The University of Colorado Board of Regents passed a resolution July 16 opposing Amendments 60 and 61 and Proposition 101 [PDF], which Colorado voters will decide in November.
The resolution passed 7-2, with Regents Jim Geddes, R-Sedalia, and Tom Lucero, R-Berthoud, dissenting. The majority on the board said they believed the measures would harm the university—which has already sustained significant reductions in state funding—by reducing revenue and prohibiting bond financing.
CU President Bruce D. Benson has asked for an internal analysis of the specific impact of the measures. The board discussed and voted on the resolution during the public session portion of its annual retreat.
According to a draft analysis by the Colorado Legislative Council (the nonpartisan research arm of the Colorado General Assembly), the measures have provisions “that affect state and local government finances by decreasing taxes for households and businesses and restricting government borrowing. How these measures work together may require clarification from the state legislature or the courts.”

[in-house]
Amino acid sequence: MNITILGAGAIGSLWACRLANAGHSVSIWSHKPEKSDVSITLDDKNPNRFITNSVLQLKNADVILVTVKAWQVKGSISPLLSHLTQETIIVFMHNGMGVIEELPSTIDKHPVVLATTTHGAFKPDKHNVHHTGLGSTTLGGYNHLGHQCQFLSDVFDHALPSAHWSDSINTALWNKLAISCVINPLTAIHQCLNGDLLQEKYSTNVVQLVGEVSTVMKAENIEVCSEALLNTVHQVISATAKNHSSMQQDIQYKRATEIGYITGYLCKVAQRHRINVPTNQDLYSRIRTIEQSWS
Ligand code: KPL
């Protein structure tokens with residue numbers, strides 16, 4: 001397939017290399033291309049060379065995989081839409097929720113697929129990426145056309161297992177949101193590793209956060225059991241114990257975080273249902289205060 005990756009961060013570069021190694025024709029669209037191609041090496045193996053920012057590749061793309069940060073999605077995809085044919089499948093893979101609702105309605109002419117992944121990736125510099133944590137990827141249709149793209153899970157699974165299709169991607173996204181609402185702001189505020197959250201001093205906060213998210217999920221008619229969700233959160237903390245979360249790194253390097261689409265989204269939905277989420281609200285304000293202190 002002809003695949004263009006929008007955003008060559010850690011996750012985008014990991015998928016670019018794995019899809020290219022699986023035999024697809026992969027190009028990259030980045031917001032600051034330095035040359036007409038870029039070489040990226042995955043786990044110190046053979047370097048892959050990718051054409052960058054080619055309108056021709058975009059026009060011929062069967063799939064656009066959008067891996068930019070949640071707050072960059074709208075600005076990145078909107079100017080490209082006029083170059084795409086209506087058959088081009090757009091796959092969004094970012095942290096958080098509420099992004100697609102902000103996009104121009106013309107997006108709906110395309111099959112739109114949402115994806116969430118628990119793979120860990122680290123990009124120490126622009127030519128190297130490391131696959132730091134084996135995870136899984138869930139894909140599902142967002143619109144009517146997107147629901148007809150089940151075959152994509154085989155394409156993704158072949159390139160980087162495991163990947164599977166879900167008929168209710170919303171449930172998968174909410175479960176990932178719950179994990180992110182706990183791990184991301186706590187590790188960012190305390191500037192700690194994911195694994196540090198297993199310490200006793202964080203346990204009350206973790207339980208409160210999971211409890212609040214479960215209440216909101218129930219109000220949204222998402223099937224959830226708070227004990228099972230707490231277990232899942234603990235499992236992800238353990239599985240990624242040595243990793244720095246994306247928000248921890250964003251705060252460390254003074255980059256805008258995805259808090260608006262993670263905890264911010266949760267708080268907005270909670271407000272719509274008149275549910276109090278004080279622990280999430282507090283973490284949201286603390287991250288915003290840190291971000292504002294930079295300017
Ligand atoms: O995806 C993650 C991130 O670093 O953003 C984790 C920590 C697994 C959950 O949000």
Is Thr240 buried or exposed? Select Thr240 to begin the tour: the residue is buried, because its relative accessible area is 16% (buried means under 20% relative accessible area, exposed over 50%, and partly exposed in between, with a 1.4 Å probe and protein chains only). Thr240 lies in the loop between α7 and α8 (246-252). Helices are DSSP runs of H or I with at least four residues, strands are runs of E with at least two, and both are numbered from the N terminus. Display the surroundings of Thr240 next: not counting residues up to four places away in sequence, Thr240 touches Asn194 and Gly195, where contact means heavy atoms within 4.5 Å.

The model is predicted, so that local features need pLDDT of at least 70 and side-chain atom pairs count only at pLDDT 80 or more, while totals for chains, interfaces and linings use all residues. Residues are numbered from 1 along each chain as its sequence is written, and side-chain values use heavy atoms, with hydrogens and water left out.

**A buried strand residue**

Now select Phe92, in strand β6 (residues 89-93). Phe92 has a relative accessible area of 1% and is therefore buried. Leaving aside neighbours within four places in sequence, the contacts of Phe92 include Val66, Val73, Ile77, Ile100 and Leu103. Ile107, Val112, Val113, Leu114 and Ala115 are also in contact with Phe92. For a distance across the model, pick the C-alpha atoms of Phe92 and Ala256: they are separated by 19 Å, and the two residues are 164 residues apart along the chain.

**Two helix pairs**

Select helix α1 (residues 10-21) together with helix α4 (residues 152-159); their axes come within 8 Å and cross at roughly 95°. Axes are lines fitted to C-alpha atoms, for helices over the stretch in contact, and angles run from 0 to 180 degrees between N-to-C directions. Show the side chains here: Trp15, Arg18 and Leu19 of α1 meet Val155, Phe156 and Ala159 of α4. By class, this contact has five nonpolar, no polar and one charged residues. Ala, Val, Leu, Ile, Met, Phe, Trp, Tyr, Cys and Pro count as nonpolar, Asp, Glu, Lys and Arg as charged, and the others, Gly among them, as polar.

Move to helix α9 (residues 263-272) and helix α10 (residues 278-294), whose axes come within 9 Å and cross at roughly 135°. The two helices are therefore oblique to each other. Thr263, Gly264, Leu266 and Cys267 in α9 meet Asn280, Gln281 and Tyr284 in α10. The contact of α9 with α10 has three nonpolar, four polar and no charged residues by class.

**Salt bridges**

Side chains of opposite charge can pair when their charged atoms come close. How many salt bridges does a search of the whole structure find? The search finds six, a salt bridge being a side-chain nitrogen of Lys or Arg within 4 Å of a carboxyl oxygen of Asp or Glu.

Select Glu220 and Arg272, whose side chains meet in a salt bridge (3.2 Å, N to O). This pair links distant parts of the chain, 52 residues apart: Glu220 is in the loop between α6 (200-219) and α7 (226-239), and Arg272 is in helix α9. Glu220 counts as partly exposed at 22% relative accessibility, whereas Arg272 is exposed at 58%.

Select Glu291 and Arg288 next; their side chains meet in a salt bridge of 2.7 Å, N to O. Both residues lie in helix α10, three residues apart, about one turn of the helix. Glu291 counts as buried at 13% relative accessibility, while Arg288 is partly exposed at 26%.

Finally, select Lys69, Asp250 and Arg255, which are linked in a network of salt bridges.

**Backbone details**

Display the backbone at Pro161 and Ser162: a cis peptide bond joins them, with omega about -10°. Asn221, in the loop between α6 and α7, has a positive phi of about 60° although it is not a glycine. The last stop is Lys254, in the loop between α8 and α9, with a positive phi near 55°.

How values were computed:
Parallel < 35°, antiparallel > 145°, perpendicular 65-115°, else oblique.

The draft analysis notes that Amendment 60 would decrease and limit property taxes for individuals and businesses, which would reduce tax revenue for cities, counties, school districts and special districts.
Amendment 61 would limit debt by prohibiting the state and its entities from borrowing money. Proposition 101 would reduce the state income tax from 4.63 percent to 3.5 percent.
— Ken McConnellogue, CU System